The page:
2. Alex Reyes, RHP … Age: 20. Low-A.
“Reyes has at least two plus pitching. He can locate with a 92-96 mph fastball that can reach 100. He couples that with a power curve that has a sharp drop. … Must maintain his conditioning.”
3. Stephen Piscotty, OF … Age: 24 on Wednesday. Class AAA.
“Piscotty has an innate feel for the strike zone (98 walks and 132 strikeouts in 303 professional games) and uses that patience to sweeten an authoritative, balanced swing, built to hit .300. … That ability to pull, coupled with more loft, is what hints at more power.”
4. Randal Grichuk, OF … Age: 23. MLB.
“He is one of the finer athletes in the organization and his ability gives him the skills for center field. His arm is above-average for that position, catapulting from a lithe strength in the same way the ball does from his bat. Grichuk is not a hulking hitter, just one gifted with bat speed.”
5. Rob Kaminsky, LHP … Age: 20. Low-A.
“Kaminsky’s curveball, the pitch that created all those Ks (126 as a high school senior), didn’t disappoint as a pro. He raises his finger on it to give it a spike-curve look. His confidence in the deceptive pitch can make him curveball-happy at times – which is why he was asked to feature other pitches at Low-A.”
6. Jack Flaherty, RHP … Age: 19. GCL.
“To lure Flaherty away from North Carolina, the Cardinals signed him to the largest bonus of any of their 2014 draft picks and the team’s fifth-largest in the past 16 years. … Flaherty already has a feel for four pitches. He works from 90-92 mph with his fastball, and he has a changeup that will be a swing-and-miss pitch.”
7. Tim Cooney, LHP … Age: 24. Class AAA.
“Cooney has the poise and presence expected from a college pitcher with a mature sense of his mechanics and stuff. The tall lefty brings a fastball that hums from 88-92 mph with movement, allowing him to effectively spot both sides of the plate.”
8. Sam Tuivailala, RHP … Age: 22. MLB.
“With the frame of a power forward, Tuivailala is the Cardinals’ latest converted power pitcher after Jason Motte and Trevor Rosenthal. Fine command is all he lacks with the heat. In the Arizona Fall League, Tuivailala’s curve advanced. He throws (it) hard and with a sharp drop.”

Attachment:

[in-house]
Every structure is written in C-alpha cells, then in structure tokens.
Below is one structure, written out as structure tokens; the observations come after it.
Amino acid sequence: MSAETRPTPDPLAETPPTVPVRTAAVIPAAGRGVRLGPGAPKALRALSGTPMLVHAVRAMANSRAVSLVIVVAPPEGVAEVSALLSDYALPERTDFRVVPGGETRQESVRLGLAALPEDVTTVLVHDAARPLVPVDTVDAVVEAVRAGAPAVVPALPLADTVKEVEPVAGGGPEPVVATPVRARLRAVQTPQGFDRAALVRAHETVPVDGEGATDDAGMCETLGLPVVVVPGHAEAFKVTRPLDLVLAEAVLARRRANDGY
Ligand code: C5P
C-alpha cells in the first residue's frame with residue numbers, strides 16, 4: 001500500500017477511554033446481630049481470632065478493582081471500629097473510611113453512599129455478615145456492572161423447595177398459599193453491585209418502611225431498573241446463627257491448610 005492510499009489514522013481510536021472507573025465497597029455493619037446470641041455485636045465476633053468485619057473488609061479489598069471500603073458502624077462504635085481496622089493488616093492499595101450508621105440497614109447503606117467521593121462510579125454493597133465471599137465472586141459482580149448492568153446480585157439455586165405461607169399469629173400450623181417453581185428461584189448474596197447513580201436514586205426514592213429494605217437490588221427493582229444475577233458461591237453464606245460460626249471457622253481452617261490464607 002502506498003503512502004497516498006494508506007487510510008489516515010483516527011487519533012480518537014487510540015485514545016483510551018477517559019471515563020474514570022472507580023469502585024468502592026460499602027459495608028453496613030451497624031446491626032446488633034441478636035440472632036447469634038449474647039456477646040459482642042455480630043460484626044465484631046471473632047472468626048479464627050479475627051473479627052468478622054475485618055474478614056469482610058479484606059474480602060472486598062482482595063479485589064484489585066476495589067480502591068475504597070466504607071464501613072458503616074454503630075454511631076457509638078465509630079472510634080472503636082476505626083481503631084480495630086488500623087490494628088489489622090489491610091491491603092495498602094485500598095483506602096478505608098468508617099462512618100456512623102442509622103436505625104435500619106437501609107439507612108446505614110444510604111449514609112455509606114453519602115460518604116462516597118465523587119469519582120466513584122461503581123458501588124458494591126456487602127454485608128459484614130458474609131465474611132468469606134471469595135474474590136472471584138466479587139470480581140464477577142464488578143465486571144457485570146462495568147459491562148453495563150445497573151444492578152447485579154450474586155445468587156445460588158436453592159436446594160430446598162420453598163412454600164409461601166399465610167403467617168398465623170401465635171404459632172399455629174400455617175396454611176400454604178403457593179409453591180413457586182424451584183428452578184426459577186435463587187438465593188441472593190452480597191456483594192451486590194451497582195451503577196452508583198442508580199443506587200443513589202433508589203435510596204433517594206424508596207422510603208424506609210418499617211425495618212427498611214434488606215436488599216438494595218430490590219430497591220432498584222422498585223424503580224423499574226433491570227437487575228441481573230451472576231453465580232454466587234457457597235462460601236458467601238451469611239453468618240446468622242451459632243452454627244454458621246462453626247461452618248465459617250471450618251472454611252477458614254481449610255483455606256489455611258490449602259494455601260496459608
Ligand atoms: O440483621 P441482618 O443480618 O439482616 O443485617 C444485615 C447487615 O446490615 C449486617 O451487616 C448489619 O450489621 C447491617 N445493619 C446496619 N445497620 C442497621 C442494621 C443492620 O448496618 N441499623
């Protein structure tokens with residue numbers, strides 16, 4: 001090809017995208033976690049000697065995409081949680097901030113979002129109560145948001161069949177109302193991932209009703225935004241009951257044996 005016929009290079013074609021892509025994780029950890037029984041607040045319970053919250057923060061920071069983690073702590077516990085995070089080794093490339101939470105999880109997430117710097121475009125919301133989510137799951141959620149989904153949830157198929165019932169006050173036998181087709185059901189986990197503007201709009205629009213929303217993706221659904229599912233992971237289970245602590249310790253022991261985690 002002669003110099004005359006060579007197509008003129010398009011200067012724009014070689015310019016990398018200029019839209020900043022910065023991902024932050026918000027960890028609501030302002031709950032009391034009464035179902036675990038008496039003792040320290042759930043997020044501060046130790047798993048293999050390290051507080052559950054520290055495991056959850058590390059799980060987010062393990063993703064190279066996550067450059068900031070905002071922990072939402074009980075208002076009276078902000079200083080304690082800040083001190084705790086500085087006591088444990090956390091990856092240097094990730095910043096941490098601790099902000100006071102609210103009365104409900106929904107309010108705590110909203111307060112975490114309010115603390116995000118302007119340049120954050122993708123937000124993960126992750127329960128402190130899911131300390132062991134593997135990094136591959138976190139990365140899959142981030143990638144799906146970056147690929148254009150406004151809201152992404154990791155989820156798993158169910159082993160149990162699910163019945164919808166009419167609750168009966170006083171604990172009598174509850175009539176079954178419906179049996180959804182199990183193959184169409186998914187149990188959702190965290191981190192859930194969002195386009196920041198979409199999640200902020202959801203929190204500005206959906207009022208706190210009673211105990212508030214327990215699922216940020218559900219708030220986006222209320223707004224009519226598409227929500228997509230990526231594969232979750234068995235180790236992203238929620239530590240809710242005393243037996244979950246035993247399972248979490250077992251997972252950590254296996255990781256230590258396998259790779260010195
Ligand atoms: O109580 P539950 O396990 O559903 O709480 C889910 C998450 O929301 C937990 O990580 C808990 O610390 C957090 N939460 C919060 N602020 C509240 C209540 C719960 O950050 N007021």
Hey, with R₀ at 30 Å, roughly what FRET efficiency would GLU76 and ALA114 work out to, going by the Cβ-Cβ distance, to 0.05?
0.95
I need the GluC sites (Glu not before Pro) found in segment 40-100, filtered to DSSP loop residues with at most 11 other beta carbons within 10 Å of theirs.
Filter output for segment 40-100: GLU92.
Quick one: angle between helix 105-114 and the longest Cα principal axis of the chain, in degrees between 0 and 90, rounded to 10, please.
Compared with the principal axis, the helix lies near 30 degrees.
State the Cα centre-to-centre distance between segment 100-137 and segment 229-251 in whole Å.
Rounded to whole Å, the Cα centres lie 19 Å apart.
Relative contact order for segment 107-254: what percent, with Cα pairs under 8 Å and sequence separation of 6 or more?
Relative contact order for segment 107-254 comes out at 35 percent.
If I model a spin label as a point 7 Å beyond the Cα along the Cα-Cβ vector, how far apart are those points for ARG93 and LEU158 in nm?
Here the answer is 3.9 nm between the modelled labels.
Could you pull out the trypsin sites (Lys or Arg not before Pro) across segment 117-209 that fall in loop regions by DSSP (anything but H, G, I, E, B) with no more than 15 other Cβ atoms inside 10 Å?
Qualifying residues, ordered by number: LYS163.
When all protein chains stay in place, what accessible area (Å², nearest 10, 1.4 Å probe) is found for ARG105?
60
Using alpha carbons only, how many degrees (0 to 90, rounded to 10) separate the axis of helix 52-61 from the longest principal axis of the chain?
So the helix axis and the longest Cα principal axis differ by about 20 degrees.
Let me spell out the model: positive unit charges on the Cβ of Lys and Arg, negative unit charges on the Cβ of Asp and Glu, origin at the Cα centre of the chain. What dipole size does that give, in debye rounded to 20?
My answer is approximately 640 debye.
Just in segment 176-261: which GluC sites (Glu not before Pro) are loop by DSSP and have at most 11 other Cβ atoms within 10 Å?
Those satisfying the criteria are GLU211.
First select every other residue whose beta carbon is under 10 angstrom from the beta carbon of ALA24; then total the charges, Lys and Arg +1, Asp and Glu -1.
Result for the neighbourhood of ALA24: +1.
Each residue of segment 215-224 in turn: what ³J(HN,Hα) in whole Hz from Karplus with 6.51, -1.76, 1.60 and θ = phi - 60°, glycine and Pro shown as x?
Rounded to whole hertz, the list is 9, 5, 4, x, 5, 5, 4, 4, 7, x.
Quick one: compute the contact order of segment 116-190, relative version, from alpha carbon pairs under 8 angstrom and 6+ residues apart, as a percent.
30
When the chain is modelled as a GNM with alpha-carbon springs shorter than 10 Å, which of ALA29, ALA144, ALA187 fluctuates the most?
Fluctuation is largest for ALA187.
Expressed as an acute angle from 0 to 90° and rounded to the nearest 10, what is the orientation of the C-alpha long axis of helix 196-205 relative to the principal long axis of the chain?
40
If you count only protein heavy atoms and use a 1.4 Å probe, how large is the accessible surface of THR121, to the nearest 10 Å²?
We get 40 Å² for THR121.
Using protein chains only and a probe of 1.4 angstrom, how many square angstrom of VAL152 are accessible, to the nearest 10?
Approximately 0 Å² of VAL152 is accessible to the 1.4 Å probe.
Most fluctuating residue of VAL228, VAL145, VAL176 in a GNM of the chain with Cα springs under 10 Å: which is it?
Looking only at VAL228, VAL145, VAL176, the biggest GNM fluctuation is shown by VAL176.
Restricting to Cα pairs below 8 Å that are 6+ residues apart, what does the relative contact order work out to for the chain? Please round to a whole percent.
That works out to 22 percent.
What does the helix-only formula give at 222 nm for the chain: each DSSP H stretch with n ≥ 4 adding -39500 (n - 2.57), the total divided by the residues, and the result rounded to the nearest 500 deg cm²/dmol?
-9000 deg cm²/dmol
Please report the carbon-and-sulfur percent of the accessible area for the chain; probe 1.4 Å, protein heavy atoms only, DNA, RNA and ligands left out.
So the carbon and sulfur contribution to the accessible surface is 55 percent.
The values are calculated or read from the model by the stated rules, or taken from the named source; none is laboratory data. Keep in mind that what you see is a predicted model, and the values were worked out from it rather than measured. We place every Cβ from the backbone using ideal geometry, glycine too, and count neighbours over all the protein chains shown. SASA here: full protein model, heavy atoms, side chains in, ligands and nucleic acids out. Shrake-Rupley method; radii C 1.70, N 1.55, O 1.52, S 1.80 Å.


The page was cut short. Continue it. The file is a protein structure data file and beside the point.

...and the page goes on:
9. Charlie Tilson, OF … Age: 22. Class AA.
“A high-energy outfielder, Tilson has the speed to course-correct in the field. He has a solid approach at the plate that uses the whole field. If the power doesn’t come, his legs should lift his slugging percentage by (conjuring) doubles. May have to adopt a less aggressive approach at the plate to stick at the top of the lineup.”
10. Magneuris Sierra, OF … Age: 18. GCL.
“Became the youngest winner of the Cardinals’ minor league player of the year award. Sierra has a steady, line-drive swing that keeps the barrel in the zone and the bat control to connect it with pitches throughout the zone. His broad shoulders and athleticism hint at strength he’ll gain as he matures, but he doesn’t have that lift for future power.”
Shortstop Aledmys Diaz would be in the top 10 had he not had such difficulty staying on the field this past season, his first with the Cardinals and his first in professional baseball outside of Cuba. Flaherty leapfrogged the Cardinals' top draft pick, Luke Weaver, and that's unusual considering the clout that being a first-round pick usually brings. Says more about Flaherty than it does Weaver. Carson Kelly, the young third baseman who is working behind the plate, received a lot of consideration for the Top 10 because of how he advanced at catcher.
Sierra, it should be noted, will be present this weekend for the Winter Warmup. In cooperation with the annual St. Louis Baseball Writers’ Dinner, the club now brings its award winners from the minors to the weekend fanfest so that the player can be introduced at the dinner and receive his award there. Sierra and Gonzales both will be honored Sunday night at the dinner, which will be at 6 p.m. at the Renaissance downtown, as the player and pitcher, respectively, of the year in the organization.
So, who would you put No. 1?
Quick addition: The No. 1 prospects for the other four teams in the National League Central are 3B Kris Bryant (Cubs); RHP Robert Stephenson (Reds); OF Tyrone Taylor (Brewers); and RHP Tyler Glasnow (Pirates). Jorge Soler remained eligble for this year's list and is the Cubs' No. 3 prospect behind shortstop Addison Russell, who the Cubs acquired from Oakland in the Jeff Samardzija trade.